Broadband News

BT Wholesale confirms May price changes

Broadband providers using BT Wholesale services should have now had confirmation of price changes to the products they use. We featured news on the proposed changes back in November 2006 ('BT Wholesale Price Changes' and 'More on BT Wholesale price cuts'). Details of the pricing that will come into effect at the wholesale level as of 1st May 2007:

IPStream product price changes


Current Prices

May 2007 Prices

  Connection Monthly rental Cessation Connection Monthly rental Cessation
CBC Home 250 £40.00 £8.40 £0.00 £34.86 £7.63 £33.75
CBC Home 500 £40.00 £8.40 £0.00 £34.86 £7.63 £33.75
CBC Home 1000 £40.00 £8.40 £0.00 £34.86 £7.63 £33.75
CBC Home 2000 £40.00 £8.40 £0.00 £34.86 £7.63 £33.75
CBC Max £40.00 £8.40 £0.00 £34.86 £7.63 £33.75
CBC Office & Max Premium £40.00 £12.40 £0.00 £34.86 £11.63 £33.75
Standard Home 250 £40.00 £12.25 £0.00 £34.86 £11.76 £33.75
Standard Home 500 £40.00 £13.00 £0.00 £34.86 £12.51 £33.75
Standard Home 1000 £40.00 £23.00 £0.00 £34.86 £22.51 £33.75
Standard Home 2000 £40.00 £38.00 £0.00 £34.86 £37.51 £33.75
Standard Office 500 £40.00 £20.17 £0.00 £34.86 £19.68 £33.75
Standard Office 1000 £40.00 £32.14 £0.00 £34.86 £31.65 £33.75
Standard Office 2000 £40.00 £56.07 £0.00 £34.86 £55.58 £33.75
All pricing excludes VAT

These prices do not include the rebates available for Tier 1 exchanges which number 1016 exchanges in total. The rebate scheme replaces the previous rebate of £1.10 or £1.40 on the busiest 561 exchanges with a monthly rebate of £1.24 across 1016 exchanges.

The CBC products stand for Capacity Based Charging and a key factor of the price changes was to rebalance the pricing for CBC based BT Centrals. The impact analysis of this from November 2006 is worth a read to see what the expected impact of the price changes will be. The prices for the BT Central components, that the broadband provider must rent to link its own network to that of BT Wholesale, are listed below:

Capacity Based Pricing IPstream BT Central costs


Current Prices

May 2007 Prices

  Connection Annual rental Connection Annual rental
2Mbps £3,000 £12,360 £3,000 £11,520
10Mbps £14,000 £35,244 £14,000 £30,720
34Mbps £14,000 £81,000 £14,000 £66,000
155Mbps £50,000 £347,400 £50,000 £271,800
155Mbps L2TP £50,000 £316,200 £50,000 £248,400
622Mbps LT2P £175,000 £1,496,760 £175,000 £1,162,600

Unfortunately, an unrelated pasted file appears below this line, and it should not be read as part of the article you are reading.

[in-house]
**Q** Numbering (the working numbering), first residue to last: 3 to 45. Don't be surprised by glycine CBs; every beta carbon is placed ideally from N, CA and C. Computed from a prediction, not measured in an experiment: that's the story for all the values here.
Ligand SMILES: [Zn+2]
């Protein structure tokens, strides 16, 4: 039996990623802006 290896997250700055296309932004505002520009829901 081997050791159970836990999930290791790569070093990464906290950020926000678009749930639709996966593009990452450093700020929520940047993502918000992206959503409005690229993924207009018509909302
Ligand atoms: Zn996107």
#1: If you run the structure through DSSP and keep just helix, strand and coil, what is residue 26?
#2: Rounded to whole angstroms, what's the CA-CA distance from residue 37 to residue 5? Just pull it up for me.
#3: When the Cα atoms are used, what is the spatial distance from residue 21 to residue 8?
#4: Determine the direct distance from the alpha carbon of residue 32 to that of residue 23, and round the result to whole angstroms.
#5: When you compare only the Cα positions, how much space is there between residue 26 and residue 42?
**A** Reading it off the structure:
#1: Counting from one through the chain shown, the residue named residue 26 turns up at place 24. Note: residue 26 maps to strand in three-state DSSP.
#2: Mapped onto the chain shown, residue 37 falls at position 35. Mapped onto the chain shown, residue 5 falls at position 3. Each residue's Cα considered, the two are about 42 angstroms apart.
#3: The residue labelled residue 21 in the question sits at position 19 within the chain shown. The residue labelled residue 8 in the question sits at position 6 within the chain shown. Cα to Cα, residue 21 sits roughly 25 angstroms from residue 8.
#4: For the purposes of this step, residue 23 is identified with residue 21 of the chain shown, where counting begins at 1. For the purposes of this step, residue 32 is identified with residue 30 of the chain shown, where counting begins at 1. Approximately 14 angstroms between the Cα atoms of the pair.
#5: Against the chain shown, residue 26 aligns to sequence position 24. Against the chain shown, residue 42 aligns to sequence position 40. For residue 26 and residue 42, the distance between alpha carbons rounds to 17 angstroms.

622Mbps LT2P (set at 155Mbps) n/a £373,560 n/a £290,200
622Mbps LT2P (set at 310Mbps) n/a £747,240 n/a £580,400
622Mbps LT2P (set at 465Mbps) n/a £1,120,800 n/a £1,279,560
Central Plus (100Mbps Access) £15,000 £240,000 £15,000 £180,000
Central Plus (100Mbps Internet) £15,000 £55,500 £15,000 £55,500
Central Plus Static IP £24,000 £48,000 £24,000 £48,000

A key change not reflected by the table above is that with a CBC based BT Central, a fee of £0.63 per month will be charged per End-user as a bandwidth rental fee. This adds up to a total of £7.56 per year, so a Central with 30,000 end-users on it would have an additional charge of £226,800.

The only providers we are aware of using BT Central Plus products are BT Retail (Plusnet now owned by BT is using Central Plus in a small trial also), and they must purchase both an Access and Internet component. An ISP can reduce its costs by having fewer Internet components than it has Access components. This is useful when the interconnect options of BT Central Plus are used to host content servers which do not need Internet access.

The biggest change is the introduction of the cessation charge which reflects what BT Wholesale is charged by BT Openreach when an ADSL connection is ceased. This charge will normally only be raised to the broadband provider when broadband is no longer required on a line, or when moving home. Additionally, in cases where broadband was automatically ceased due to name changes on the phone bill, the charge may be raised. If you are remaining in your home and changing provider you can avoid the cessation charge by making use of the MAC code migration process to change providers. BT Wholesale indicates that the reduction in connection charge should offset the costs to service providers, but only time will tell whether providers decide to absorb this fee or pass it on to the end-user.